New York Times editorial
November 08, 1864
The day has come–the day of fate. Before this morning’s sun sets, the destinies of this republic, so far as depends on human agency, are to be settled for weal or for woe. An inevitable choice is this day to be made by the American people, between a policy carrying salvation or a policy carrying ruin to the nation. On the one hand is war, tremendous and terrible, yet ushering in at the end every national security and glory. On the other is the mocking shadow of a peace, tempting us to quit these sacrifices, and sink again into indulgence, and yet sure to rob us of our birthright, and to entail upon our children a dissevered Union and ceaseless strife. As the popular decision of this day is rendered in favor of the principles declared at Baltimore, or the principles declared at Chicago, so must either this or that consequence follow. The two men for whom the votes are to be cast are nothing in the presence of this mighty issue. Whatever their respective merits or faults, and however legitimately these, in ordinary times, might determine which of the two should be accepted and which rejected, such personal considerations are but as the dust in the balance when policies of such dread import are to be weighed.… GEORGE B. McCLELLAN might be all that his most extravagant admirers claim him to be, and a thousand times beyond, and yet he would be as helpless as an infant to stay the destruction of the Union in the line of the policy marked out for him by his party at Chicago. It is not within the power of mortal man to abandon the war at this stage, and make terms with the rebellion that will not involve the wreck of all that constitutes us a nation. Every man that casts his vote to-day should keep his eyes on this mighty fact. His choice is to be made, not between persons but between policies. The sovereign question is whether this rebellion, which is assailing the life of the Union, is to be dealt with on the principle of maintaining the national authority, or on the principle of surrendering it–in other words, whether we are to have stability through the ascendancy of law, or subversion through the triumph of lawlessness. We are making this decision not for ourselves simply. We are settling the lot of the generations that shall come after us….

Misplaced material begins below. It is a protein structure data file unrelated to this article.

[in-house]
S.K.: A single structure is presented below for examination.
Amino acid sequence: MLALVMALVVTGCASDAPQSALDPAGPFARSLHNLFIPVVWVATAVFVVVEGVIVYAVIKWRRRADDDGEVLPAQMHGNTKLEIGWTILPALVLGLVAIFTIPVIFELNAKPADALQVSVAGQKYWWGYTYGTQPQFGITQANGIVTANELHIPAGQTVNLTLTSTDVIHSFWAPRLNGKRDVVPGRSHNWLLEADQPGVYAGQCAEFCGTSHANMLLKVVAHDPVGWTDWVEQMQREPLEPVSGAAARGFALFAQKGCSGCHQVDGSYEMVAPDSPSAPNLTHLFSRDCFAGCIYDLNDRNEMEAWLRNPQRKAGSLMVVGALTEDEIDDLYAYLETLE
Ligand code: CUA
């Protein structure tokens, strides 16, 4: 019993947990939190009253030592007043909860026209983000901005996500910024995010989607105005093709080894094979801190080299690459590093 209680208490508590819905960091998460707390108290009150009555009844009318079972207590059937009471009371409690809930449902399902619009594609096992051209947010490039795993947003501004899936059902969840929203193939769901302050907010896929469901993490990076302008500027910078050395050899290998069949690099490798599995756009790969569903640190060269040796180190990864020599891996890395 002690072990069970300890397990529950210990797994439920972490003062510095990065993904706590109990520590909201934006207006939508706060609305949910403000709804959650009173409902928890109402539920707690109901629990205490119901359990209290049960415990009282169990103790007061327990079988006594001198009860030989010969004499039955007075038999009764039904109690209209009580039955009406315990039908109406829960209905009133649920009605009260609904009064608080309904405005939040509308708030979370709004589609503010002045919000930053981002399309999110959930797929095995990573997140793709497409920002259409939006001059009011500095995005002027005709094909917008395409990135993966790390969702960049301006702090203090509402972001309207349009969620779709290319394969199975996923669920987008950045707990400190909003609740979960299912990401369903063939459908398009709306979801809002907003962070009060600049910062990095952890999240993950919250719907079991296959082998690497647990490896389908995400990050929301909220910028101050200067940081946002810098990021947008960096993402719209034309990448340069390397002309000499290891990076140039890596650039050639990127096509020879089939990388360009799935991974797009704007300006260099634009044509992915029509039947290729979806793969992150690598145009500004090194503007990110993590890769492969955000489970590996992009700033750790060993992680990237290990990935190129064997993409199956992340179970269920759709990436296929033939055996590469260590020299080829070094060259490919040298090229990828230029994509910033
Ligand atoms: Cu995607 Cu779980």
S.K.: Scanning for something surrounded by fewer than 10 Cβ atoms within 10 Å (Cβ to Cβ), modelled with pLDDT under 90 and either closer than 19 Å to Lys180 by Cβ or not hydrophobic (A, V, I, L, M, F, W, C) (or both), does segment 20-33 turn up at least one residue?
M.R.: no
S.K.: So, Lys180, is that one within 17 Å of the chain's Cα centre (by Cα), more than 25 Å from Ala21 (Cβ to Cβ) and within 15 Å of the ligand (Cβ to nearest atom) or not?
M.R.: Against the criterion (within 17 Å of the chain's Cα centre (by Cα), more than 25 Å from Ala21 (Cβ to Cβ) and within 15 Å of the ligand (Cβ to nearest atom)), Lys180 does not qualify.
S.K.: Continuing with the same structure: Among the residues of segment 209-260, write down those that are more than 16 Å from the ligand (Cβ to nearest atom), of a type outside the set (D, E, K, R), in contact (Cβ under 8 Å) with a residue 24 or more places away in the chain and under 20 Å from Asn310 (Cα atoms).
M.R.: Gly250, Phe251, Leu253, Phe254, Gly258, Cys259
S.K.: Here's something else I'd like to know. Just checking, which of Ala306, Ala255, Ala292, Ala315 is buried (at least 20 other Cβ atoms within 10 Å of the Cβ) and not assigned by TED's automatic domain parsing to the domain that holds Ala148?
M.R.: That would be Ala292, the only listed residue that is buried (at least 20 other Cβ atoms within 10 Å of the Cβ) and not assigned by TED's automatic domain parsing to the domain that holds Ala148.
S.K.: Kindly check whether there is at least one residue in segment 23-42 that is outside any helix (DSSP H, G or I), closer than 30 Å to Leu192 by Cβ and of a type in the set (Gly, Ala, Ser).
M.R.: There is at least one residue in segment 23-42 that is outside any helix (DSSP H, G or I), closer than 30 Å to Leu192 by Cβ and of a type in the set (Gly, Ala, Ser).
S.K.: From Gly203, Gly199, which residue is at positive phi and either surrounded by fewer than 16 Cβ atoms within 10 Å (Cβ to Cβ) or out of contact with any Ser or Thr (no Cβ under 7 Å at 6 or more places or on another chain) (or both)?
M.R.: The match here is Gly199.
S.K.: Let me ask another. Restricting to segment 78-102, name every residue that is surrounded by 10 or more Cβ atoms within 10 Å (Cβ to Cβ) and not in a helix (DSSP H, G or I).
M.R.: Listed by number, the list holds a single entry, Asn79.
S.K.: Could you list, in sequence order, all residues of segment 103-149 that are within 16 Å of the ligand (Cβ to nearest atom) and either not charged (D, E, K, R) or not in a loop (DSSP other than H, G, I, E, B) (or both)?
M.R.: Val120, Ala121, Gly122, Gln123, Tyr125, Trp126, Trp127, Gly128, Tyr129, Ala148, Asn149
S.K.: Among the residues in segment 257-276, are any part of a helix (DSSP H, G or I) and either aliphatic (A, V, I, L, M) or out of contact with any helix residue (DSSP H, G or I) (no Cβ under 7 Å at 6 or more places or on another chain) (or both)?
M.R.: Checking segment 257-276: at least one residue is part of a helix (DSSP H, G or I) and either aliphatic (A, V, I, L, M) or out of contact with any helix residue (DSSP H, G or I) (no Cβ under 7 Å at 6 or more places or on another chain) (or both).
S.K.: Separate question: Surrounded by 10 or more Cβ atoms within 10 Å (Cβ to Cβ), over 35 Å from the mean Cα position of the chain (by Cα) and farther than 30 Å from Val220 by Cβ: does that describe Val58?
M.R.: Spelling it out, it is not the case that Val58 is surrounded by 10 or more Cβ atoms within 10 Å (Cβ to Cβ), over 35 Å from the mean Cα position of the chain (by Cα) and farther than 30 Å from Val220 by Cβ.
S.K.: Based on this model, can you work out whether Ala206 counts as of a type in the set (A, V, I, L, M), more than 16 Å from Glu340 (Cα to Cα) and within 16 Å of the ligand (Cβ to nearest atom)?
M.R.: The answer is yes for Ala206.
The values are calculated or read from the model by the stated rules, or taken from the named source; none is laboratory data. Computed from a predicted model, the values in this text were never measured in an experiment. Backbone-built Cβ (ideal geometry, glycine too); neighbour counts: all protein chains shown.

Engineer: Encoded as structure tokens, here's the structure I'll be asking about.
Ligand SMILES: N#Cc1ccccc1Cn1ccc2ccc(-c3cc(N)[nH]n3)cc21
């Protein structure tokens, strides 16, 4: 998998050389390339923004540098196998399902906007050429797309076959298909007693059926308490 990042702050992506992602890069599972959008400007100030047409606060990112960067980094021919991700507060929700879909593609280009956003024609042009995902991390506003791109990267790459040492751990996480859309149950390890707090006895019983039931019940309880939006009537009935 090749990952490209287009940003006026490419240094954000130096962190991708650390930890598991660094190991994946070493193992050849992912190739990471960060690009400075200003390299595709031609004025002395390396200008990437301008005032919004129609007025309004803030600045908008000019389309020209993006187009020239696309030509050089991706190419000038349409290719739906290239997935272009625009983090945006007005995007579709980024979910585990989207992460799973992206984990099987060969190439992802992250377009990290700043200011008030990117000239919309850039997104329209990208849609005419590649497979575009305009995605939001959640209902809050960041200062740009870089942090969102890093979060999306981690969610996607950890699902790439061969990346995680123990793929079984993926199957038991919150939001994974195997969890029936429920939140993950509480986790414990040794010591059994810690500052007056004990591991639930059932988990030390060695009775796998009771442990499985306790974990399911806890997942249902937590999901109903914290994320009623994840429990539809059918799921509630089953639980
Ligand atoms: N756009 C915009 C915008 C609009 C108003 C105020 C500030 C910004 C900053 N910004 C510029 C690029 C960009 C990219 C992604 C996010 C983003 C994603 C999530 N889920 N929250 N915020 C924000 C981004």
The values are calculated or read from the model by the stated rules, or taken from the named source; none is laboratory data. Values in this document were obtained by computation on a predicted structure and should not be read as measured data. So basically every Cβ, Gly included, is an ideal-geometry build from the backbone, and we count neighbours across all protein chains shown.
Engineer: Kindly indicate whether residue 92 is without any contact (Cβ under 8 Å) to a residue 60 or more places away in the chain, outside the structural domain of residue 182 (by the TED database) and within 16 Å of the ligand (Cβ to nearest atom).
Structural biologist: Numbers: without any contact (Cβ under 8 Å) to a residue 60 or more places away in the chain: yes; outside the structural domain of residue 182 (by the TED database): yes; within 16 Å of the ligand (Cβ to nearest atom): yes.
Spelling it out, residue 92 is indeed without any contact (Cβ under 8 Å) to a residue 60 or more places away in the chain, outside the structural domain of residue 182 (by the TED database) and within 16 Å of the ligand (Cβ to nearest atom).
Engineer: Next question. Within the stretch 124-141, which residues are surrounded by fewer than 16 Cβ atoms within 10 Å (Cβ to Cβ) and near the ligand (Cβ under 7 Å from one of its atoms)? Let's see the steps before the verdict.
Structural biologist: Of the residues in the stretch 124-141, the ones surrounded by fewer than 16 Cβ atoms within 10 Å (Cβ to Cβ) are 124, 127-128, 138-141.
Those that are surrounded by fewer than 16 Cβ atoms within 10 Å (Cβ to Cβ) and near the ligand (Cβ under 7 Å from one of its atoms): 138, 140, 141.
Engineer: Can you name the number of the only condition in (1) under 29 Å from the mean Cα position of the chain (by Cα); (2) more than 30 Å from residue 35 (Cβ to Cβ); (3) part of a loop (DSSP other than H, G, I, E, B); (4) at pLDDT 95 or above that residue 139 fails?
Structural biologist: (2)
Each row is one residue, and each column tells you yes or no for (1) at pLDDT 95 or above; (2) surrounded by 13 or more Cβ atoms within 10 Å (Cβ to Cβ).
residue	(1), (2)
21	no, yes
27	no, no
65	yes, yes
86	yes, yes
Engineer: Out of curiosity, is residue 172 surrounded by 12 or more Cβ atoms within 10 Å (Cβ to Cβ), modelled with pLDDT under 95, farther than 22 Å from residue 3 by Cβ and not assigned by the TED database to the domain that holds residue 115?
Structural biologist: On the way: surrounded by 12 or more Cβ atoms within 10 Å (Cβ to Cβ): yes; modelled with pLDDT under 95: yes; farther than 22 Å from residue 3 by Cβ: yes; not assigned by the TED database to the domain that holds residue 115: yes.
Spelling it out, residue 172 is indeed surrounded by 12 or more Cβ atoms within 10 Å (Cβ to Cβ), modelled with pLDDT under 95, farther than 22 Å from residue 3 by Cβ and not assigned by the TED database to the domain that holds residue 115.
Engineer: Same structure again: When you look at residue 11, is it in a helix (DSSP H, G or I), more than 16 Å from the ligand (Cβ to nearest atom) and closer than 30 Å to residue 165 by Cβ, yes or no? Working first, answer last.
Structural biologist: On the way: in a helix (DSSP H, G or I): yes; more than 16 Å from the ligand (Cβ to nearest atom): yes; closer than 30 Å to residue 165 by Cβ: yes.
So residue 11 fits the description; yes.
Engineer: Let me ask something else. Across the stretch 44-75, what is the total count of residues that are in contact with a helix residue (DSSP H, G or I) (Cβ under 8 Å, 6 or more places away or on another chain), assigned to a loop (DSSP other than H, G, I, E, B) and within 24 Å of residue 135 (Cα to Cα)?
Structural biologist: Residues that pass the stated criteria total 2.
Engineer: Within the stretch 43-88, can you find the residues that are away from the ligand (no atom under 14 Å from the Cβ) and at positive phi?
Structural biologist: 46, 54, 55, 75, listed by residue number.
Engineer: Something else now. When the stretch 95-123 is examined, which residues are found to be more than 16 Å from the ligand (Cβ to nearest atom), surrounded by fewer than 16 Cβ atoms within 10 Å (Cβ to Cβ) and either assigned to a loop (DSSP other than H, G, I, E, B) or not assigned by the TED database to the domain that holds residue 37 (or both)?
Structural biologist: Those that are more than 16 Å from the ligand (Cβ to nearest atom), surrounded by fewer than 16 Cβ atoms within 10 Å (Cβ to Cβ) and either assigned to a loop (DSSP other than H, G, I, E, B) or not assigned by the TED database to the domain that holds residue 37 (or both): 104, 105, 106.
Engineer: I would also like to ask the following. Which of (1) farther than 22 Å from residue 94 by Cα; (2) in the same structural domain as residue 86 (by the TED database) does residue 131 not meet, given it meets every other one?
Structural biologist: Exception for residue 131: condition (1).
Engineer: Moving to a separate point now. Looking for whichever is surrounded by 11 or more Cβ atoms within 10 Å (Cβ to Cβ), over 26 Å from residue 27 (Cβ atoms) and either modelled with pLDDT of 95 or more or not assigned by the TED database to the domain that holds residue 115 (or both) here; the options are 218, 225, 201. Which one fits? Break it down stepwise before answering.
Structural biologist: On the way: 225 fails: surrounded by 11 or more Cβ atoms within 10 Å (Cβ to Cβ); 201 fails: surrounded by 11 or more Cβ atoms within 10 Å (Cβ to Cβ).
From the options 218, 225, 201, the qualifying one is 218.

It is almost appalling to reflect that such stupendous interests, stretching far into the coming years, must depend upon our faithfulness or unfaithfulness; our discretion or indiscretion, within the next ten hours. Could the consequences of our doings this day be realized in all their full scope, the universal feeling would be that finite hands are not fit for such measureless trusts, and the universal impulse would be to look for some miraculous direction from Heaven. But no such direction is needed if we will but faithfully exercise the attributes of our nature that come from Heaven–our reason and conscience. It is the faith that the majority of the American people will so do, which gives this day its bright promise as a day that will be forever memorable for the reaffirmation and reconsecration of the great principles which alone make a free government possible among men.
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